Horizons #66: Asia’s WOW factor

03 March, 2022

by Professor Ross Kingwell, AEGIC Chief Economist

Over the next decade and beyond Asia’s population will experience key changes (a WOW factor) that will boost market opportunities for Australian grains.

What is Asia’s WOW factor that will affect market opportunities for Australian grains?

It’s simply that Asian populations are becoming wealthier, older; and the combination of age and wealth seems to be generating wiser consumption.

So, the WOW factor is consumers becoming wealthier, older and wiser.


By 2030, three billion people, or 70 percent of Asia’s total population, are likely to be part of the consuming class (see chart) — a billion more than in 2021 and 2.5 billion more than back in 2000. In Indonesia, close to 200 million people may enter the consuming class by 2030, up from 120 million today. In India, the 2030 figure may be close to 825 million, up from around 340 million today.

As incomes rise, greater expenditure on food products occurs. Often meat and dairy product consumption increases; and environmental concerns begin to influence some consumption choices. Importantly, the main meats consumed in Asia, poultry and pork, are increasingly underpinned by grain-feeding as is dairying.


Source: Market Pro by World Data Lab; McKinsey Global Institute analysis


The average size of households in most Asian countries is declining. Over the last 20 years the size of households has shrunk in Indonesia and China by 10 percent and almost 30 percent respectively. Almost one-third of households in advanced Asian economies and more than 15 percent of households in China are already single-persons. In these households, social media use, home food delivery, smaller packaged food portions and solo dining are all on the rise. The impact on trends in food packaging are already emerging. In Japan, the average net weight of several fast-moving consumer goods has decreased, including an 8 percent decline in the size of butter packets and as much as a 25 percent decline in the size of instant coffee jars.

The population of Asian seniors, defined as individuals 60 and over, is expected to grow by around 40 percent over the next decade, from 575 million to more than 800 million. Consumption by seniors often focuses more on the health advantages of foodstuffs. Hence, healthy grains like oats and barley and greater use of wholegrains, with proven health benefits regarding gut health and reducing the risk of diabetes, will likely feature more in food products tailored to the Asian palate. Ready-made meals for single households, working women and households of seniors will become commonplace. For example, Oisix in Japan offers a meal kit for preparing dinner rapidly, and it has experienced robust year-on-year growth since 2018.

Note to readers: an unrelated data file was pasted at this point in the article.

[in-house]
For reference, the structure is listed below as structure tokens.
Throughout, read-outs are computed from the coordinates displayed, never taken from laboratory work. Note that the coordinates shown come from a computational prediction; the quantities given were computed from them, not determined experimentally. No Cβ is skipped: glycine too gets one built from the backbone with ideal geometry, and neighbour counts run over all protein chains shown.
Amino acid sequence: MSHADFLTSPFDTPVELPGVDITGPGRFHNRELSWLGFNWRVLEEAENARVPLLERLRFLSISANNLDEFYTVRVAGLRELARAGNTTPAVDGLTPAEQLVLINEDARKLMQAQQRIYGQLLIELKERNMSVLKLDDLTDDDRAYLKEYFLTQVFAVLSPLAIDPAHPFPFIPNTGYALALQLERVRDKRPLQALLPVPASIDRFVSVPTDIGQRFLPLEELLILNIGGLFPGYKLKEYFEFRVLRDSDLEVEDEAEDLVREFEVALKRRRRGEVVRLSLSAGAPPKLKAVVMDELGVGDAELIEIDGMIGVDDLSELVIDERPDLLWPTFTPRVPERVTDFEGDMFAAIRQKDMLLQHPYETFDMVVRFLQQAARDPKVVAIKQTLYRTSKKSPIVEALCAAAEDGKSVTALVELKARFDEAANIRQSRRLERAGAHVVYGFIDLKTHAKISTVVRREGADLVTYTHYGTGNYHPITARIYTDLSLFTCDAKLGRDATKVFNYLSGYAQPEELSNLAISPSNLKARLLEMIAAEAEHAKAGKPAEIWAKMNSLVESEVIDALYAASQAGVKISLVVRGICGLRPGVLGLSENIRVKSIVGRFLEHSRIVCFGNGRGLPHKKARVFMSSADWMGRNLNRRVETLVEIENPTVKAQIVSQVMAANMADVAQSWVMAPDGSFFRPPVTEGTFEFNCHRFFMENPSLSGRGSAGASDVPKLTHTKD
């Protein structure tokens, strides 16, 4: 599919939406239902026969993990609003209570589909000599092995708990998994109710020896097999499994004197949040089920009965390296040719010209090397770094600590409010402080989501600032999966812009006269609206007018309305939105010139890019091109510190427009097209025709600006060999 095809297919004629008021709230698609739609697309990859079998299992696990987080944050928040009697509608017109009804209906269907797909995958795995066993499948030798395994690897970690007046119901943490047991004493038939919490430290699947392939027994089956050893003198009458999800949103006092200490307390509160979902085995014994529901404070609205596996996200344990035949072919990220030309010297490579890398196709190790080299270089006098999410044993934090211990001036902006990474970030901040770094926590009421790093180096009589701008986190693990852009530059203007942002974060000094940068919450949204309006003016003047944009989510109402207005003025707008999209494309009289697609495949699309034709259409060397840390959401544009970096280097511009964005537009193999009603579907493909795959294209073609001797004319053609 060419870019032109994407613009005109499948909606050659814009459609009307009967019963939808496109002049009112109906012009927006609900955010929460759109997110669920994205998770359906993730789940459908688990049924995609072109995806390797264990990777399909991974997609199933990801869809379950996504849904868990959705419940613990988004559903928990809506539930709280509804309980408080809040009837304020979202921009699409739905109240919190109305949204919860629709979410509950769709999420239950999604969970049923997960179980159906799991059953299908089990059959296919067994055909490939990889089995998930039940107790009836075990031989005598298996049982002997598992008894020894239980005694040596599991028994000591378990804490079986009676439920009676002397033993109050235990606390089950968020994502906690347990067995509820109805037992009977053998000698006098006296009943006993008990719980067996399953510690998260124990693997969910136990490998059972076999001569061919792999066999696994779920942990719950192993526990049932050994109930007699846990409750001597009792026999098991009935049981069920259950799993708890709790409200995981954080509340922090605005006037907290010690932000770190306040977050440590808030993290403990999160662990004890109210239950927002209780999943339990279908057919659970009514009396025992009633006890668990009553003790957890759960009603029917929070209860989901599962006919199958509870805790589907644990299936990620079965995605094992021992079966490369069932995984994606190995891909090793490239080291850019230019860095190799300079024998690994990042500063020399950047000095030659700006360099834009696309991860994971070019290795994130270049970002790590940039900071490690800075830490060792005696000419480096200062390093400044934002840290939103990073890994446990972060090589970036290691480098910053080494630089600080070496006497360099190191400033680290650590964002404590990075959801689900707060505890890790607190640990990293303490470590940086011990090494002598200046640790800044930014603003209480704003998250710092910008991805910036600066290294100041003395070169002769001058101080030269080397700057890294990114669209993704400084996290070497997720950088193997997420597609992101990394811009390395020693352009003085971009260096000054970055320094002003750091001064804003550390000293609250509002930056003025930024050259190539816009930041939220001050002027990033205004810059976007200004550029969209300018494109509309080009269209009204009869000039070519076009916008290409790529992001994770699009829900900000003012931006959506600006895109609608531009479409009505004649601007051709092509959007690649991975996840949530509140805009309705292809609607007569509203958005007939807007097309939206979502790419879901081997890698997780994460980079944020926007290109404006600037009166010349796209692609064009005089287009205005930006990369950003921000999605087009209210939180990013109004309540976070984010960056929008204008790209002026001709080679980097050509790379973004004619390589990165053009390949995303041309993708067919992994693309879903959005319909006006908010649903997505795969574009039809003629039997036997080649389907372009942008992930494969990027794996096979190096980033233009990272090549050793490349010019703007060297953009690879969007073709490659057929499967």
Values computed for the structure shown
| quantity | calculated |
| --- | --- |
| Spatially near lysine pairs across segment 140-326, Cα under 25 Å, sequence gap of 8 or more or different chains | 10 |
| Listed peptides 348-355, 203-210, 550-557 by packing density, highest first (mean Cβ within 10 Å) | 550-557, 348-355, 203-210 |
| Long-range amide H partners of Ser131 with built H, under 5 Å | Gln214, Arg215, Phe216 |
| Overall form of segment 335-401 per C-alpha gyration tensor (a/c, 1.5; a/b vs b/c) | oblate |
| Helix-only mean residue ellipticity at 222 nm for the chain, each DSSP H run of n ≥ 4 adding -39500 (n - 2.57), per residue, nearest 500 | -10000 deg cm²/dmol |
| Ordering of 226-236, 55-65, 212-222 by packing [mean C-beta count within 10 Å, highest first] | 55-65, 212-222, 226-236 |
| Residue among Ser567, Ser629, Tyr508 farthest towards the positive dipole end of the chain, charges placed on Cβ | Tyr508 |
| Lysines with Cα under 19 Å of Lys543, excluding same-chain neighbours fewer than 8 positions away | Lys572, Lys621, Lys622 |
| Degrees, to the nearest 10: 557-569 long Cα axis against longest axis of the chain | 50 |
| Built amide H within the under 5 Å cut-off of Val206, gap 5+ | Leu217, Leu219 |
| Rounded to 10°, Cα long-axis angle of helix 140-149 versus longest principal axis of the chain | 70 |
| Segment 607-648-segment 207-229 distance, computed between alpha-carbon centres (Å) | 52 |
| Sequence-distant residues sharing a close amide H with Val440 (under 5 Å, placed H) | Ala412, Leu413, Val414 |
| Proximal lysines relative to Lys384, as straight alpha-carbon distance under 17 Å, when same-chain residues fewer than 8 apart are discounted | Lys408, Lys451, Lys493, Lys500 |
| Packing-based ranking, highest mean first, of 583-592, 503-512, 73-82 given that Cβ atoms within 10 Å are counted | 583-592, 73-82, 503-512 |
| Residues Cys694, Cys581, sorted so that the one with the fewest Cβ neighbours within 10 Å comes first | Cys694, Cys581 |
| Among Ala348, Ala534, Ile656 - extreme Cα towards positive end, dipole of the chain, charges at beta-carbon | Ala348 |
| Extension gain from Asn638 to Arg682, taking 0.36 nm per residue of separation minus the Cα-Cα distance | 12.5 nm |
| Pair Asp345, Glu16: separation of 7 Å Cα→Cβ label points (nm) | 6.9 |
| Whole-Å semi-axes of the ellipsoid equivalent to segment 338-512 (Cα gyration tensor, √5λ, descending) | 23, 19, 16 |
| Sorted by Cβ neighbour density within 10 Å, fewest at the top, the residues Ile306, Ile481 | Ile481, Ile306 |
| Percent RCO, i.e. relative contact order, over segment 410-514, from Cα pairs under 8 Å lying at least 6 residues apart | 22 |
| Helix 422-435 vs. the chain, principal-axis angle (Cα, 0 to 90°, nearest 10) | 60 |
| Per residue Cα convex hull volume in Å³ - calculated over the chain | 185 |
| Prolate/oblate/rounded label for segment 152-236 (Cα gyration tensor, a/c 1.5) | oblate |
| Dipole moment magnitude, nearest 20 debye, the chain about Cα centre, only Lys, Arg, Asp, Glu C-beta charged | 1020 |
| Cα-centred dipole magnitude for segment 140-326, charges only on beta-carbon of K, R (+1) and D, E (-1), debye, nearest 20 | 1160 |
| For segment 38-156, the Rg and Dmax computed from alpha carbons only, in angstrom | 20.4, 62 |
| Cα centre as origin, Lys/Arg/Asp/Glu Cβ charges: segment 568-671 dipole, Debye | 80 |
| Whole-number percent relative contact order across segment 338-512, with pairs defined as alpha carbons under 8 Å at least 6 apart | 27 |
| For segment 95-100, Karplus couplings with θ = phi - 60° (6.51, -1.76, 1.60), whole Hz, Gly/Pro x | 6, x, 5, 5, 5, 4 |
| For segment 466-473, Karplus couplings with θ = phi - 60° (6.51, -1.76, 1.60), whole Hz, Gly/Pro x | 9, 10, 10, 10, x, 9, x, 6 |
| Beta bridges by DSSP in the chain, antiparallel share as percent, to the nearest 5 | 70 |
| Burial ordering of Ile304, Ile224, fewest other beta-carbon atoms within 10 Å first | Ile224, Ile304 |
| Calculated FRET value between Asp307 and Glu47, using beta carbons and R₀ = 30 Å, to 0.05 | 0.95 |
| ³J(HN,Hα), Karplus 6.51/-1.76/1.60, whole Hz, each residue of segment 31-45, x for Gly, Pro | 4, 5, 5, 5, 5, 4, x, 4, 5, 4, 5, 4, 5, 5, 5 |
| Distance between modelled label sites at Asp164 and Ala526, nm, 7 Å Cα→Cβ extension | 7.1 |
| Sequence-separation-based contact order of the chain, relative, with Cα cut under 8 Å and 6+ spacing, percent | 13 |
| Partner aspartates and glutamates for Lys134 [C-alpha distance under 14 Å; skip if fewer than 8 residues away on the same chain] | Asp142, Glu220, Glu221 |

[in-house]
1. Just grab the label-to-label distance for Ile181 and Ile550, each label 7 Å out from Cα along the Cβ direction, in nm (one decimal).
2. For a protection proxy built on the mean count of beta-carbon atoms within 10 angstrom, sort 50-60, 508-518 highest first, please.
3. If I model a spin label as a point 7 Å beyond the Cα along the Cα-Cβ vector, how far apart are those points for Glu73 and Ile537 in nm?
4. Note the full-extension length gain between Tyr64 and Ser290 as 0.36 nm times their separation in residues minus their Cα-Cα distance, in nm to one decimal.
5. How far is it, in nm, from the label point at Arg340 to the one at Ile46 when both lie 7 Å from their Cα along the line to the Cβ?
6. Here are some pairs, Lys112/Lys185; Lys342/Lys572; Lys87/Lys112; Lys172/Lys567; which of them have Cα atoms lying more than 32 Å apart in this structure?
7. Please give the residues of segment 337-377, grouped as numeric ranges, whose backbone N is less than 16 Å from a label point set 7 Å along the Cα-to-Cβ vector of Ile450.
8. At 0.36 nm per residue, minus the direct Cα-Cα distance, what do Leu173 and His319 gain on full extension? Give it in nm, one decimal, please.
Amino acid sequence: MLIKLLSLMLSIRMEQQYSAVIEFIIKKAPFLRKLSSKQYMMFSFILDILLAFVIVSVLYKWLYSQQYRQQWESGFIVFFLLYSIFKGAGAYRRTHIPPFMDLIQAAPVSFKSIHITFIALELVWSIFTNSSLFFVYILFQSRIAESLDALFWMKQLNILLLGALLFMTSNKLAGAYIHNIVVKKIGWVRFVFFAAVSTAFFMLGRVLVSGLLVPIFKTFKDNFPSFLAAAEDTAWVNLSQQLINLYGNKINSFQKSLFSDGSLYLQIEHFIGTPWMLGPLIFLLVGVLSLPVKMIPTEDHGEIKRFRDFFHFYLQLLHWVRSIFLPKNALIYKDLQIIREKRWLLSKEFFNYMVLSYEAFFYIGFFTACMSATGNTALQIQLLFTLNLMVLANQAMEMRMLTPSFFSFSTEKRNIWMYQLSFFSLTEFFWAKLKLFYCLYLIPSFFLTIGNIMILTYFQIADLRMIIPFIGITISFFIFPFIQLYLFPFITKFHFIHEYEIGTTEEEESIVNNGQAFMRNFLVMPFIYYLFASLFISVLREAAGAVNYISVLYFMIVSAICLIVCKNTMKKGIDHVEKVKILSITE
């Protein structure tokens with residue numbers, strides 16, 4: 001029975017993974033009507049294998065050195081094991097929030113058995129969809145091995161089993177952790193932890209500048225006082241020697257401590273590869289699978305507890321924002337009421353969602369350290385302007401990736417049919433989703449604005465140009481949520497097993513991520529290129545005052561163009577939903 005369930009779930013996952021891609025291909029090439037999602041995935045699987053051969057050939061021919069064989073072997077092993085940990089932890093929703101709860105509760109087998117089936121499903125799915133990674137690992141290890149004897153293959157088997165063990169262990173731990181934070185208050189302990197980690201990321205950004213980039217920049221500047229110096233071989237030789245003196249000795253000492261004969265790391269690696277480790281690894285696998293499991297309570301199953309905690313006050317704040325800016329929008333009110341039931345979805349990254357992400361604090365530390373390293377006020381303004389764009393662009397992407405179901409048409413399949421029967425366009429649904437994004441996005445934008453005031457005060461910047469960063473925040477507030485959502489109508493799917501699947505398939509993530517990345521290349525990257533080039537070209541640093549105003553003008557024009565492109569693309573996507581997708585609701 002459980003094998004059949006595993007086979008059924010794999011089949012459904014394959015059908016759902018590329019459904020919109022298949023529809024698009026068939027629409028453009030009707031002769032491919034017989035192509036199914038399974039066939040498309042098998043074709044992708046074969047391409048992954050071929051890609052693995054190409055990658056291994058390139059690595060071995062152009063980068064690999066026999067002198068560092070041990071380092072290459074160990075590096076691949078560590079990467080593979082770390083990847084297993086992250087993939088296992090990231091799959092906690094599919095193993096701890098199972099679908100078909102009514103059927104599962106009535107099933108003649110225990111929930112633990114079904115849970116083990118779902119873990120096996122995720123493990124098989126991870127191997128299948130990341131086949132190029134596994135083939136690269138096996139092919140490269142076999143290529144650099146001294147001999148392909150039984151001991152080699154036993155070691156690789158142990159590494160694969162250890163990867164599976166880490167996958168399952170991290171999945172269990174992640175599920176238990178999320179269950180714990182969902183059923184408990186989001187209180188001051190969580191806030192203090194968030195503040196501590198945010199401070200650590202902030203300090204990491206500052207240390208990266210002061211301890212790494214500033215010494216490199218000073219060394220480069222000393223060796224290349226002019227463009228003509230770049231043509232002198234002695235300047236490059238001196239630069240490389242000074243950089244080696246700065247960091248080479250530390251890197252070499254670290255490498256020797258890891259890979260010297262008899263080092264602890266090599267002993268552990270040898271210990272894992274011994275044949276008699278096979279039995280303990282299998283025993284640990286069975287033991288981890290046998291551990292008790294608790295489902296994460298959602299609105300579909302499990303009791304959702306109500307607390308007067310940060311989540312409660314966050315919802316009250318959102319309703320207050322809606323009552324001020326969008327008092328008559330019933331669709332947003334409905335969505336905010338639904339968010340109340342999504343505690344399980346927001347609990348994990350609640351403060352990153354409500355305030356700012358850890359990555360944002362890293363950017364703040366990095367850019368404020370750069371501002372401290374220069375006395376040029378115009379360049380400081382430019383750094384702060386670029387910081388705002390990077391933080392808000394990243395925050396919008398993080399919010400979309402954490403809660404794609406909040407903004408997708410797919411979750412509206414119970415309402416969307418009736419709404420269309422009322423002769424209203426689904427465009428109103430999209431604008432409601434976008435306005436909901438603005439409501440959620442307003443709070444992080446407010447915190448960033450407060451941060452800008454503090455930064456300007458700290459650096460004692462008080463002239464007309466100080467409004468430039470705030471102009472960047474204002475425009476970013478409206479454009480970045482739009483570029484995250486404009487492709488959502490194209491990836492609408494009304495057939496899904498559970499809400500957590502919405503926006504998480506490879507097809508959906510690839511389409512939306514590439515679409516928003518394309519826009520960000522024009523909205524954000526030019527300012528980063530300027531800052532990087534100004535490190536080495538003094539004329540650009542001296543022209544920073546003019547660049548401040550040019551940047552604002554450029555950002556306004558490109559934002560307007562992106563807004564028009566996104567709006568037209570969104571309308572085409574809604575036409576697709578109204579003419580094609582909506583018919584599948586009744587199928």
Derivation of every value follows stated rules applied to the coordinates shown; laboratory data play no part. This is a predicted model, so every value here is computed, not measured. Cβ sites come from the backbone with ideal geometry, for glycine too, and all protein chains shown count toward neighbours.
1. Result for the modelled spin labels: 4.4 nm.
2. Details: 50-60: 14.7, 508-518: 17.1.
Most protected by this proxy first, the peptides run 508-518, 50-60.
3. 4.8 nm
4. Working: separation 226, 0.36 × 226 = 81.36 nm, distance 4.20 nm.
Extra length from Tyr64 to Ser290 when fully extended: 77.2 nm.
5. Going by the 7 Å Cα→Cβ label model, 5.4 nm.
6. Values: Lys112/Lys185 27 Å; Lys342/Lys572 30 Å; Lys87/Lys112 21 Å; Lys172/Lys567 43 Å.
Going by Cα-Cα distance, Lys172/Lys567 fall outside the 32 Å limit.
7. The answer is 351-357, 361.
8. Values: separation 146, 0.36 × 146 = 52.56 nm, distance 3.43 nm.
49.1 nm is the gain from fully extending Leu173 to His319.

The banner image to this blog post, taken in Japan, shows premium white bread being sold in packages of as few as two or three individual slices.


Consumers in Asia are increasingly eco-conscious. McKinsey reports recent consumer surveys in which the vast majority of Asian consumers report caring more about the environment and taking action on it. They give the example where more than 80 percent of respondents in China, India, and emerging Asian economies said they had made changes to the products and services they bought because they were concerned about climate change.

However, there are still limits to Asia’s ‘green’ consumption as millions of consumers remain constrained in their choices by low incomes. Yet as these incomes gradually rise, greater preference for food product sustainability credentials and increased premiumization of food products are likely. Australia, as already an acknowledged source of healthy, clean and ‘green’ grains and pulses, is likely to become a trusted supplier to several Asian countries, provided these grains can be supplied at affordable prices.

Premium white bread in Japan being sold in packages of as few as two or three individual slices.

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Horizons: the AEGIC Economics and Market Insights blog

Expert grains industry analysis and commentary from AEGIC’s Economics and Market Insight Team on a range of big-picture topics that affect Australia’s export grains sector.

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